BGP Session Teardown due to AS_CONFED_SEQUENCE in AS4_PATH
rjs at eng.gxn.net
Wed Jan 21 04:14:24 CST 2009
Further to the initial research sent to NANOG, after discussions with a number
of operators, we have compiled some recommendations on the handling of invalid
Any feedback on these recommendations is appreciated:
As discussed on the IETF IDR list last month, there are concerns relating to the
treatment of AS_CONFED_SET/SEQUENCE in AS4_PATH as described in RFC4893 .
Since the last post to that thread the situation has been made more urgent with
the release of Cisco IOS 12.0(32)S12, which responds to malformed AS4_PATH
attributes by sending a NOTIFICATION to the neighbour, and tearing down the BGP
adjacency. This behaviour seems to be required by RFC4721 section 6.3, as there
is no alternative error handling defined in RFC4893. As posted last Friday ,
and discussed on the IDR list, this strict implementation introduces a new
attack vector by which a BGP session can be torn down due to a an attribute
populated by a distant BGP neighbour. These malformed attributes have already
been seen in the wild as a result of a error in Juniper's implementation of
Following discussions with a number of operators, we have attempted to generate
some recommendations relating to the behaviour that would be operationally most
useful when treating the invalid data in the AS4_PATH optional transitive
There are two cases to consider when an invalid AS4_PATH is received:
(1) A path to the prefix is not already known from that neighbour.
(2) A path to the prefix has already been learnt from that neighbour;
In case (1) we recommend that the BGP speaker should discard the UPDATE and log
the fact. The log entry should include the received AS_PATH and
AS4_PATH to aid in debugging.
In case (2) we recommend that the BGP speaker should treat the UPDATE as a
withdrawal of existing path to the prefix. As per case (1) a log entry should be
raised to indicate that this has occurred.
It is quite possible that in both cases this behaviour may result in the BGP
speaker no longer having a valid path to the destination. We foresee that this
lack of a prefix in a BGP speaker's routing table may cause some operational
load initially, however, we feel that this is acceptable, considering the
Should a prefix be injected into the global table with an invalid AS4_PATH, and
should the newly advertised (invalid) path be selected by all upstreams
available to a given ASN then this ASN will lose reachability to the prefix.
Whilst this can be abused we do not see this as more serious than the existing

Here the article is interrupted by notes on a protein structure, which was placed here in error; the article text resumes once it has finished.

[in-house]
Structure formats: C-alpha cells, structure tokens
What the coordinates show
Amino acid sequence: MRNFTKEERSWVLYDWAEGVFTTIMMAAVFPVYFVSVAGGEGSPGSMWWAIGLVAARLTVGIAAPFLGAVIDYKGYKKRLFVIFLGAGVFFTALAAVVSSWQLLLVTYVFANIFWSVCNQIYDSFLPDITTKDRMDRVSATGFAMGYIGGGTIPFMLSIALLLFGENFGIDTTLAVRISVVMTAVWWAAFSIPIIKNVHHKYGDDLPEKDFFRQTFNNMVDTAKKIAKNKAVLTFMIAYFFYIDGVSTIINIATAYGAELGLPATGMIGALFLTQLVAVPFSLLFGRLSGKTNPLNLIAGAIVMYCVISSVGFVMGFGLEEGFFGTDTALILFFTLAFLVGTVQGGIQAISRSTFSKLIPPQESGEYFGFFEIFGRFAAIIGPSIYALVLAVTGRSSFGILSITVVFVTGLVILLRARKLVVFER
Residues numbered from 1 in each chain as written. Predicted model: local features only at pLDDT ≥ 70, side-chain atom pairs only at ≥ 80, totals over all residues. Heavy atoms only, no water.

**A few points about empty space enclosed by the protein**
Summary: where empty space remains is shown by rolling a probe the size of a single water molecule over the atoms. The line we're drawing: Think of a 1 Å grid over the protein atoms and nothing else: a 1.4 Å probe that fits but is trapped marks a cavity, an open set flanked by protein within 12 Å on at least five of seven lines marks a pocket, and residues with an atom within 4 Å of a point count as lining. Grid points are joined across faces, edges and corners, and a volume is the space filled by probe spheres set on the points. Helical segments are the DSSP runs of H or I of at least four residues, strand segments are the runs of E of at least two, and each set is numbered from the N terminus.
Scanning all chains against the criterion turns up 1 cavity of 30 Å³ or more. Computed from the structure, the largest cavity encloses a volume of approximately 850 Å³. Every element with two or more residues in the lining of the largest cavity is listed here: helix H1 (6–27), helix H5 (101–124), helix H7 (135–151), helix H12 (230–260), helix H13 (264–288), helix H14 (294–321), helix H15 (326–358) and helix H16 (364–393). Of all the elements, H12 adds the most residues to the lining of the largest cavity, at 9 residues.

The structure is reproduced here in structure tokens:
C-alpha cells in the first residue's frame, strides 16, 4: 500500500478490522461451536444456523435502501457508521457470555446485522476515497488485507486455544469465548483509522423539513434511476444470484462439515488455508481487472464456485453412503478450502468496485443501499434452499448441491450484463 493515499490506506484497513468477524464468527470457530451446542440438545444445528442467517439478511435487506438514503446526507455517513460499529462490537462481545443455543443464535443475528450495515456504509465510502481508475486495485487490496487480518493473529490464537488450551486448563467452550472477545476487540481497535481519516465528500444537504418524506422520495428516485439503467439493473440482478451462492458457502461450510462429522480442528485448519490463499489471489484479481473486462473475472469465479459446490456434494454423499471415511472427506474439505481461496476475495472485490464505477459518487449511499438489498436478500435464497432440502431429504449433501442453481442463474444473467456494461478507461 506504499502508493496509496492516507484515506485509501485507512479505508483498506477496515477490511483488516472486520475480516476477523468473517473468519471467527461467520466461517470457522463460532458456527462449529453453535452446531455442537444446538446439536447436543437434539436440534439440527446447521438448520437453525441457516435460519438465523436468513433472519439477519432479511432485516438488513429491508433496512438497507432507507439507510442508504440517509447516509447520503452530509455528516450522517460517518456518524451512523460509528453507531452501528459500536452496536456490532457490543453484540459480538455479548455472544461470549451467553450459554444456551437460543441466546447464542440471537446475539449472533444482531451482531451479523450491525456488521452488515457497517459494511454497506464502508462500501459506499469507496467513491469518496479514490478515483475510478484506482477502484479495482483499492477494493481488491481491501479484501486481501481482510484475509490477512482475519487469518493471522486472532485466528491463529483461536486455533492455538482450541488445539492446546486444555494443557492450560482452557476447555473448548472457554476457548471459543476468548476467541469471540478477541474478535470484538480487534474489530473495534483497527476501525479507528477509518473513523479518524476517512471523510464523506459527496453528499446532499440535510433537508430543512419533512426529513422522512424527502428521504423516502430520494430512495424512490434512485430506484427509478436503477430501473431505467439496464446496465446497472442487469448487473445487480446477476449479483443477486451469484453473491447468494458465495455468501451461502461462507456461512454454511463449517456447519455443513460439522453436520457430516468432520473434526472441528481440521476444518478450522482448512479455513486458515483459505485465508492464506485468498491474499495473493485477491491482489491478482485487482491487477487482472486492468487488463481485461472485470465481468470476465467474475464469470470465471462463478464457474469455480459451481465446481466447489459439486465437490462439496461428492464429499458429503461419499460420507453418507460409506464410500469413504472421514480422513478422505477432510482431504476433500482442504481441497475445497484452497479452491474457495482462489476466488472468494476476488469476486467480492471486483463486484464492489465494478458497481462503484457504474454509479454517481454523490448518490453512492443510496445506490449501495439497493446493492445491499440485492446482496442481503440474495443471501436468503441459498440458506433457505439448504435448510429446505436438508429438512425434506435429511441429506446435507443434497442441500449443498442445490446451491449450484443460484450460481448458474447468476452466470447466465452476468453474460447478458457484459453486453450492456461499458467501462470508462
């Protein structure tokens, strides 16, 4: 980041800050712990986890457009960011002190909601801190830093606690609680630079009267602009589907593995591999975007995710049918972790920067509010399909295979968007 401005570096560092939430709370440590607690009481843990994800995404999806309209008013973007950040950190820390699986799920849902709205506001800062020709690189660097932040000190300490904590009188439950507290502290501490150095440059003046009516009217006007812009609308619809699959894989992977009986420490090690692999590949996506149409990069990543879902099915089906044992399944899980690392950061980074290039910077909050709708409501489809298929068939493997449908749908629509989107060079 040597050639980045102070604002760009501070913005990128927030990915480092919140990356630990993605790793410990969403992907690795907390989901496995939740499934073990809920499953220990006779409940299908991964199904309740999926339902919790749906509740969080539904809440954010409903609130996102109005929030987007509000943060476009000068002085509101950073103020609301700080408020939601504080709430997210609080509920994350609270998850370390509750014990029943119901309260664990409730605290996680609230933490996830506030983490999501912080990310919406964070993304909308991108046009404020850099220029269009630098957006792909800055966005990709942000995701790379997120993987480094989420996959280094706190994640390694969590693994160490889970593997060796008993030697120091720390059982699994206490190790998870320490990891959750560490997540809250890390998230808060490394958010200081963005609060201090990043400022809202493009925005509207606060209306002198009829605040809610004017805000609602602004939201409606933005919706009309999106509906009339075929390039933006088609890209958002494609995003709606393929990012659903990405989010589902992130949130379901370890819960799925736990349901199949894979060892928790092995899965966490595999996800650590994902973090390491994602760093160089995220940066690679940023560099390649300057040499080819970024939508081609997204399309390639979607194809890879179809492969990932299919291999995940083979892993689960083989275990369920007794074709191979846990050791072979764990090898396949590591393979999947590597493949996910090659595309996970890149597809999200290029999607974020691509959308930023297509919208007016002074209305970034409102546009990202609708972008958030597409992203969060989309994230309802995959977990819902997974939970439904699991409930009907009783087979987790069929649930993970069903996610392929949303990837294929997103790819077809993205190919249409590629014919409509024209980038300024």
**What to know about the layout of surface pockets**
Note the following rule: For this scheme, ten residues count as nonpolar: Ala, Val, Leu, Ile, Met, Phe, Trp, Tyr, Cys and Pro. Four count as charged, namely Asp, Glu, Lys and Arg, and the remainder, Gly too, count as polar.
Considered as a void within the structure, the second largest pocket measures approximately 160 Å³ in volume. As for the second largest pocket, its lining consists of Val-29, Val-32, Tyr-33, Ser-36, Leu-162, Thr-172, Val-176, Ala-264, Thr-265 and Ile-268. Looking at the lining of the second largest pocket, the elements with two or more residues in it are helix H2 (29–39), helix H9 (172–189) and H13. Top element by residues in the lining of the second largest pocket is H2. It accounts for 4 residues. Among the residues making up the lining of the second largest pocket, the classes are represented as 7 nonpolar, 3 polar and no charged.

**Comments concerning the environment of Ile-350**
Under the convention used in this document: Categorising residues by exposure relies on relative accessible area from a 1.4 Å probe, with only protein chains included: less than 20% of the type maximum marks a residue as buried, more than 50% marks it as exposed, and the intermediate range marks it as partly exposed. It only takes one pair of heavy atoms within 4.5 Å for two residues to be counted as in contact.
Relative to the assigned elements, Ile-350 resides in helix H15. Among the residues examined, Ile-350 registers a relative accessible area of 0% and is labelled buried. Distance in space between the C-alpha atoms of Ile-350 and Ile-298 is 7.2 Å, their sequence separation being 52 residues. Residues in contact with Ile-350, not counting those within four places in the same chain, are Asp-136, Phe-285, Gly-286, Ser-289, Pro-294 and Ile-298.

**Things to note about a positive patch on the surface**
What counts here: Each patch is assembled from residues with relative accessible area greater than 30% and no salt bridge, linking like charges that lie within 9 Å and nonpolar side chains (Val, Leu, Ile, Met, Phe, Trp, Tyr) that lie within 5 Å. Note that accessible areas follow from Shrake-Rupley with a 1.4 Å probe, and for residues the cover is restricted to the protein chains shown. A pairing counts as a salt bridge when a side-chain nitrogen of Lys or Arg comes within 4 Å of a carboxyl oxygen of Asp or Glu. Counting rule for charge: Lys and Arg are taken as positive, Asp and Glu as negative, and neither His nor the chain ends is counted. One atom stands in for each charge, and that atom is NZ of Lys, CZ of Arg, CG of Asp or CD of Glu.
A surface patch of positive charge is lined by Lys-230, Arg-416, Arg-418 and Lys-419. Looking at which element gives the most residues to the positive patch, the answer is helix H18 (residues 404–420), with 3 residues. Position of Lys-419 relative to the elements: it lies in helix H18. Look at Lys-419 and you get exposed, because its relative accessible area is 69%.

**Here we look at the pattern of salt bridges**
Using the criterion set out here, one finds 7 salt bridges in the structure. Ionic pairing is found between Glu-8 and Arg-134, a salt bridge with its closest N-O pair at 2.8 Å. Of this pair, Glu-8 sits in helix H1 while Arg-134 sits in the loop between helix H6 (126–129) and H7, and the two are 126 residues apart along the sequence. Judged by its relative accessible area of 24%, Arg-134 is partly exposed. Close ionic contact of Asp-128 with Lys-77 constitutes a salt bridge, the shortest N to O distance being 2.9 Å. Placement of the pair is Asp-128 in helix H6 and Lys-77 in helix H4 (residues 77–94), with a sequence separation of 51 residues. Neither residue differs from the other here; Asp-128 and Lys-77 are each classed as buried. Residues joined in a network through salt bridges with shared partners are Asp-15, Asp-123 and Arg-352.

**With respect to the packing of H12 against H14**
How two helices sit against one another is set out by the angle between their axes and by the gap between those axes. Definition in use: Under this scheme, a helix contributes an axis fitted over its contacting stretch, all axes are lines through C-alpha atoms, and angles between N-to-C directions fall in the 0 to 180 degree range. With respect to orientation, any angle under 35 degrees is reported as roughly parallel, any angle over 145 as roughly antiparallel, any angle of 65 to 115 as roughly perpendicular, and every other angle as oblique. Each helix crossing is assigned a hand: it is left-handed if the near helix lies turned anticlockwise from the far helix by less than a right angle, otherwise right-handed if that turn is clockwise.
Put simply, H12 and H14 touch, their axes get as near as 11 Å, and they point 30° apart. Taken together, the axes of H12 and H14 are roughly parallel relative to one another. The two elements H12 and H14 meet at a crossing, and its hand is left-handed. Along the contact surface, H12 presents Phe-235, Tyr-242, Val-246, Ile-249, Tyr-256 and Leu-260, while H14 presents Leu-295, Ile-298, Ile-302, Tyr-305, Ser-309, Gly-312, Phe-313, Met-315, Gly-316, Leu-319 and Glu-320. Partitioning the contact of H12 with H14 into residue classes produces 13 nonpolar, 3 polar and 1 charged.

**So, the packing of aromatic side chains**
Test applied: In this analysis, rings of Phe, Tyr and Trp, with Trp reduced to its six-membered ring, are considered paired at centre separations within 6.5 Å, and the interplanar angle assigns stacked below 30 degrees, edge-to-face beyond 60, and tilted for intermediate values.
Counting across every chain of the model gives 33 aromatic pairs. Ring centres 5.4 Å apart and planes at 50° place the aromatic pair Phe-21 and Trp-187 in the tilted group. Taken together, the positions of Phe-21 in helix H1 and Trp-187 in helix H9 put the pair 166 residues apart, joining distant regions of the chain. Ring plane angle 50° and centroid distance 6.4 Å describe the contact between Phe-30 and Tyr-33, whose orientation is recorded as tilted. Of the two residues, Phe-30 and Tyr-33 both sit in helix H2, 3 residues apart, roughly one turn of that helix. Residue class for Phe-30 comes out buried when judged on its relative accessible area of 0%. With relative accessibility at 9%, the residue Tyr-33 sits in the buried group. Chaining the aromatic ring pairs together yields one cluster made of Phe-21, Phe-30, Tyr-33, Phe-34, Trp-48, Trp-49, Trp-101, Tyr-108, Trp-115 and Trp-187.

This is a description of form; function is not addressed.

possibility of malicious injection and blackholing of a prefix by a 3rd party.
As long as the rejection of paths due to invalid AS4_PATHs is clearly reported
to the administrator the source of the problem can be clearly identified.
We consider that attempting to extract a valid AS4 or AS_PATH from the invalid
UPDATE is a mistake since this allows the propagation of invalid BGP data. In
addition, incorrect implementation of this comparatively complex mechanism by a
vendor may result in loops. By explicitly not installing prefixes with invalid
AS_PATH or AS4_PATH into the routing table, the possibility of loops caused by
these invalid paths is avoided.
The defined behaviour in RFC4893 and RFC4271 has significantly harmful effects
and it seems only by virtue of the fact that the implementations of many vendors
do not strictly comply with the RFCs that this problem has not had the same
impact for every vendor. At the current time, however, one cannot deploy a
4-byte capable Cisco IOS device, or an OpenBGP (current stable release) router
into the global table, without risking teardown of a every session via which a
global table is learnt.
Further discussion of this issue would be much appreciated, as a common and
consistent approach to rectifying the problem will benefit network operators far
more than individual vendor implementing their own solution. Should a consensus
be reached an update to the RFC is required in order to ensure that future
implementations do not exhibit this harmful behaviour.
Andy Davidson (NetSumo), andy.davidson at netsumo.com
Jonathan Oddy (HostWay), jonathan.oddy at hostway.co.uk
Rob Shakir (GX Networks), rjs at eng.gxn.net
Many thanks to David Freedman (Claranet) for assistance in developing the
recommendations in this document.
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